Preface to World Tribunal on Iraq: Making the Case Against War
The World Tribunal on Iraq (WTI) was a collective effort involving hundreds of people from all over the world, most of them never having met in person. About twenty sessions were held in various cities of the world, focusing on different aspects of the war on Iraq. The findings of these sessions were incorporated into a culminating session held in Istanbul on 23-27 June 2005. This book consists of the proceedings of that session.
The war on Iraq was waged despite the unprecedented global opposition, which was manifested even before the war began. When the war started the antiwar movement did not yield and retreat; the protests against the war and the occupation continued.
Inspired by the Bertrand Russell Tribunal of the Vietnam War era, WTI aimed to record not only the crimes against the Iraqi people, but also crimes committed against humanity and against all other inhabitants of this planet. These records had to be kept, as a means of resistance to those forces that render our world unlivable, who invalidate all values that humanity has struggled to build, and usurp our hopes for the future. The records had to be kept because the US and its allies, who waged a war of aggression mobilizing everything at their disposal including lies and coercion, would not hesitate to rewrite history. Theirs would be a history of victors based on forgetting, one that would erase from view the history of the dissent.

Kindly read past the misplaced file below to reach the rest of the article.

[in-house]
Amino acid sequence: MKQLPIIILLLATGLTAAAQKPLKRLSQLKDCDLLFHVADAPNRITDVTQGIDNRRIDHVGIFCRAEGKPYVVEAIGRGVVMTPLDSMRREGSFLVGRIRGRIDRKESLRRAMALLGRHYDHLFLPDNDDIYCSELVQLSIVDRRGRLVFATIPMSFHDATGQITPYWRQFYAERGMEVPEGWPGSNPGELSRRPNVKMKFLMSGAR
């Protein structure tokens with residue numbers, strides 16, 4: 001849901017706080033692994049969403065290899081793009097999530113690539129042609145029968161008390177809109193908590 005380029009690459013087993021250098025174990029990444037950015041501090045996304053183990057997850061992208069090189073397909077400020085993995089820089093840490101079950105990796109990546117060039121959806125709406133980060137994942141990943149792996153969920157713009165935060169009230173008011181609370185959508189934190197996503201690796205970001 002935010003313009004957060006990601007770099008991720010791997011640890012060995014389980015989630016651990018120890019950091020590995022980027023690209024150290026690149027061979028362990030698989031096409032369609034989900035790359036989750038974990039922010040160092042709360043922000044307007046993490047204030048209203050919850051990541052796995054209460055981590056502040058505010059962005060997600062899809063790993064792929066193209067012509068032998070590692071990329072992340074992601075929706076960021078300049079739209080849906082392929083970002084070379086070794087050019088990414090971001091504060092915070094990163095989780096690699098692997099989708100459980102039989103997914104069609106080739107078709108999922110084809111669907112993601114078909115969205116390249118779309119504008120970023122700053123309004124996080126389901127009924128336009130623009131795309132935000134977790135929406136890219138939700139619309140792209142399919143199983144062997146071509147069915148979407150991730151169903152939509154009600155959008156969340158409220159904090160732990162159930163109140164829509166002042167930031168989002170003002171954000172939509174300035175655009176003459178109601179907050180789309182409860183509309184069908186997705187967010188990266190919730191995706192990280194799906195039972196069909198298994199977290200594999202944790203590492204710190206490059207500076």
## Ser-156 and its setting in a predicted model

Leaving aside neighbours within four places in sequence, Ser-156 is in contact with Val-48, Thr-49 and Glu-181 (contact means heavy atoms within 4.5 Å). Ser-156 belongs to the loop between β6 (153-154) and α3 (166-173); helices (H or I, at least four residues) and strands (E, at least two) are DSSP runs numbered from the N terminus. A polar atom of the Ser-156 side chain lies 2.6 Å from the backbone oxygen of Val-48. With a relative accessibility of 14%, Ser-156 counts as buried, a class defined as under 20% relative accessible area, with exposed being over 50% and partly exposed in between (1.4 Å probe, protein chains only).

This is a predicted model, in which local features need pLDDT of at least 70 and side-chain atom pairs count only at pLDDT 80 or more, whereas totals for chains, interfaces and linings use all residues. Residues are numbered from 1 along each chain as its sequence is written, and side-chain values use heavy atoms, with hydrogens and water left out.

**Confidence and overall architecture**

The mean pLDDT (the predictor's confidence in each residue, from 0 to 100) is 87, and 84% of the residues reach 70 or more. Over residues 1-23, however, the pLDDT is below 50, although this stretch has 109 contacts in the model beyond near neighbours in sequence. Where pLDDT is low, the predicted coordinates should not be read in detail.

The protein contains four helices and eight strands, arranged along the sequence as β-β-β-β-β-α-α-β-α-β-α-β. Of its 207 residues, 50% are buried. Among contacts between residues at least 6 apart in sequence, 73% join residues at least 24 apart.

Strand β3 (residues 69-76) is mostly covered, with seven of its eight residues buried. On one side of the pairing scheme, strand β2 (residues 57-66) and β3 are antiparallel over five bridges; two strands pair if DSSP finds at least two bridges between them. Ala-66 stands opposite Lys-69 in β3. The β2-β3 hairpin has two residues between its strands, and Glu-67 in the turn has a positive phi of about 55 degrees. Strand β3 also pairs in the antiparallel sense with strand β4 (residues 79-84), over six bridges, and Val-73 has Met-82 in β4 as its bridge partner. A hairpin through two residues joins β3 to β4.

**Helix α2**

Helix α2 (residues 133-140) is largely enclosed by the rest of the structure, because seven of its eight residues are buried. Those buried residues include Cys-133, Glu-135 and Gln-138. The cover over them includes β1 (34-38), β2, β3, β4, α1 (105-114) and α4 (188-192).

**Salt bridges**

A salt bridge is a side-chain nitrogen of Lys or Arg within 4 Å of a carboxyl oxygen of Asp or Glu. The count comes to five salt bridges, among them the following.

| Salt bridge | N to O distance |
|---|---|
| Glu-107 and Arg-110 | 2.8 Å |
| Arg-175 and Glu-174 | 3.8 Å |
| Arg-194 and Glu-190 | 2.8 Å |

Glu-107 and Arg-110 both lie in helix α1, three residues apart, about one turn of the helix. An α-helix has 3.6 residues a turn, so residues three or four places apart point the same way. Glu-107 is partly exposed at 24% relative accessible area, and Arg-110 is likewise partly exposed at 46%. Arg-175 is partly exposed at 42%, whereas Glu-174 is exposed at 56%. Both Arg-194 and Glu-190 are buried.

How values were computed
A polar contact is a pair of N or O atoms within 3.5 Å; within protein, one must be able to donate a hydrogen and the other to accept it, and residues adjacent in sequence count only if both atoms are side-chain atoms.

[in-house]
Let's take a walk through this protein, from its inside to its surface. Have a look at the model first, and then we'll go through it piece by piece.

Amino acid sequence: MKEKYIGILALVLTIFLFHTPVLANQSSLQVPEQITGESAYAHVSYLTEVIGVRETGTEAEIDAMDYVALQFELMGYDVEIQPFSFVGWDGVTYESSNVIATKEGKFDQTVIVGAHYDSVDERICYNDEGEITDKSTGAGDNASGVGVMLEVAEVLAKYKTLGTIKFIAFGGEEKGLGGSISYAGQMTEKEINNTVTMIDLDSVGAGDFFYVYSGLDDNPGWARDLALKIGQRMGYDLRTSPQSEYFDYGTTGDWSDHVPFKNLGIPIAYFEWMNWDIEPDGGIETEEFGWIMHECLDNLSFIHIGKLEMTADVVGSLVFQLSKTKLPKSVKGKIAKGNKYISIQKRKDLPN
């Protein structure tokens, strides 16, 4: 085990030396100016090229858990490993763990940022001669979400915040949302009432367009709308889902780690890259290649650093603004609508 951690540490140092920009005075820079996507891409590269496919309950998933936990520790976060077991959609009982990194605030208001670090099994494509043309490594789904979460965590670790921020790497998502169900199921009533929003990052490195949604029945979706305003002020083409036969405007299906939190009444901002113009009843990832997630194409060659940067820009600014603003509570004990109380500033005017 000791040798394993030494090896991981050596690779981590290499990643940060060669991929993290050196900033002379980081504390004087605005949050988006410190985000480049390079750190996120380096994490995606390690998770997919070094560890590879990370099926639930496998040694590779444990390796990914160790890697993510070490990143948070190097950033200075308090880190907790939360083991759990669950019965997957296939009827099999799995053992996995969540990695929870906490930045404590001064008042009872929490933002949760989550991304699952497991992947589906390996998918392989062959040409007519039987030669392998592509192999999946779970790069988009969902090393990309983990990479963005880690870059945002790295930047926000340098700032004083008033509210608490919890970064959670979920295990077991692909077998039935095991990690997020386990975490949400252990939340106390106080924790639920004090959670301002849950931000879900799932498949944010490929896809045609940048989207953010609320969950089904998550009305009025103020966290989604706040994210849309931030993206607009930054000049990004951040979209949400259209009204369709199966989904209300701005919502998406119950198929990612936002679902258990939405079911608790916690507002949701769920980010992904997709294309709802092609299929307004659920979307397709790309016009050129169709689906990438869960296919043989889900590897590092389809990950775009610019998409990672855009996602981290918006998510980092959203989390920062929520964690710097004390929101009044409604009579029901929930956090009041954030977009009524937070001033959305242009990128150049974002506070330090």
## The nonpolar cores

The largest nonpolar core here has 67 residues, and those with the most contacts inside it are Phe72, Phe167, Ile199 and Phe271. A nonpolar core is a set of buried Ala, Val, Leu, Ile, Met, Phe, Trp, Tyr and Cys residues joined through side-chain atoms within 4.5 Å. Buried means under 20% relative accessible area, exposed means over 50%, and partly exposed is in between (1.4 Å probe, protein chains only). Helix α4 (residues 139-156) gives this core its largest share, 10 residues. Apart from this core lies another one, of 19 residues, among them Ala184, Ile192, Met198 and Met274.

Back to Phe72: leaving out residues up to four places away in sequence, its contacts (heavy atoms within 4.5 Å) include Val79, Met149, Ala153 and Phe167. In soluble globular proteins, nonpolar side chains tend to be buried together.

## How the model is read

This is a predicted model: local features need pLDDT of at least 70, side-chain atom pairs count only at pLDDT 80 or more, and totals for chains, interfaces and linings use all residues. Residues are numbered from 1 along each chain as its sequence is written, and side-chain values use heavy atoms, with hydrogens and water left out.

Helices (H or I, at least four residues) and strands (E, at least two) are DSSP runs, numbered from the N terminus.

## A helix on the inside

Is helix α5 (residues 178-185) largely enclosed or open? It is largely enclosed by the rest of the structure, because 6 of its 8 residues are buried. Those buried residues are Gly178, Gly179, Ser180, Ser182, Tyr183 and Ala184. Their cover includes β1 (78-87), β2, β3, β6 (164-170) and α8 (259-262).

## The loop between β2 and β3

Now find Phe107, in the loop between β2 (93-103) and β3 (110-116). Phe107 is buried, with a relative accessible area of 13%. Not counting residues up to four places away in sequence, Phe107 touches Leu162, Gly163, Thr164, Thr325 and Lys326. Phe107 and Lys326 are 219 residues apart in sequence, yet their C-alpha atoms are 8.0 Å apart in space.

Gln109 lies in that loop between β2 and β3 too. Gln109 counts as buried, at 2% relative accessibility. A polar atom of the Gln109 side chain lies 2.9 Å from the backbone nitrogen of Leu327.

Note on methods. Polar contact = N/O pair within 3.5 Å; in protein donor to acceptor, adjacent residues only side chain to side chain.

When initiating the WTI process, we knew that the antiwar movement was not homogeneous; everybody had different reasons to oppose this war. The starting group included renowned experts in international law, people who worked for the United Nations on varying levels, peace activists, philosophers, political scientists, conscientious objectors, alterglobalization activists, and others with diverse identifications.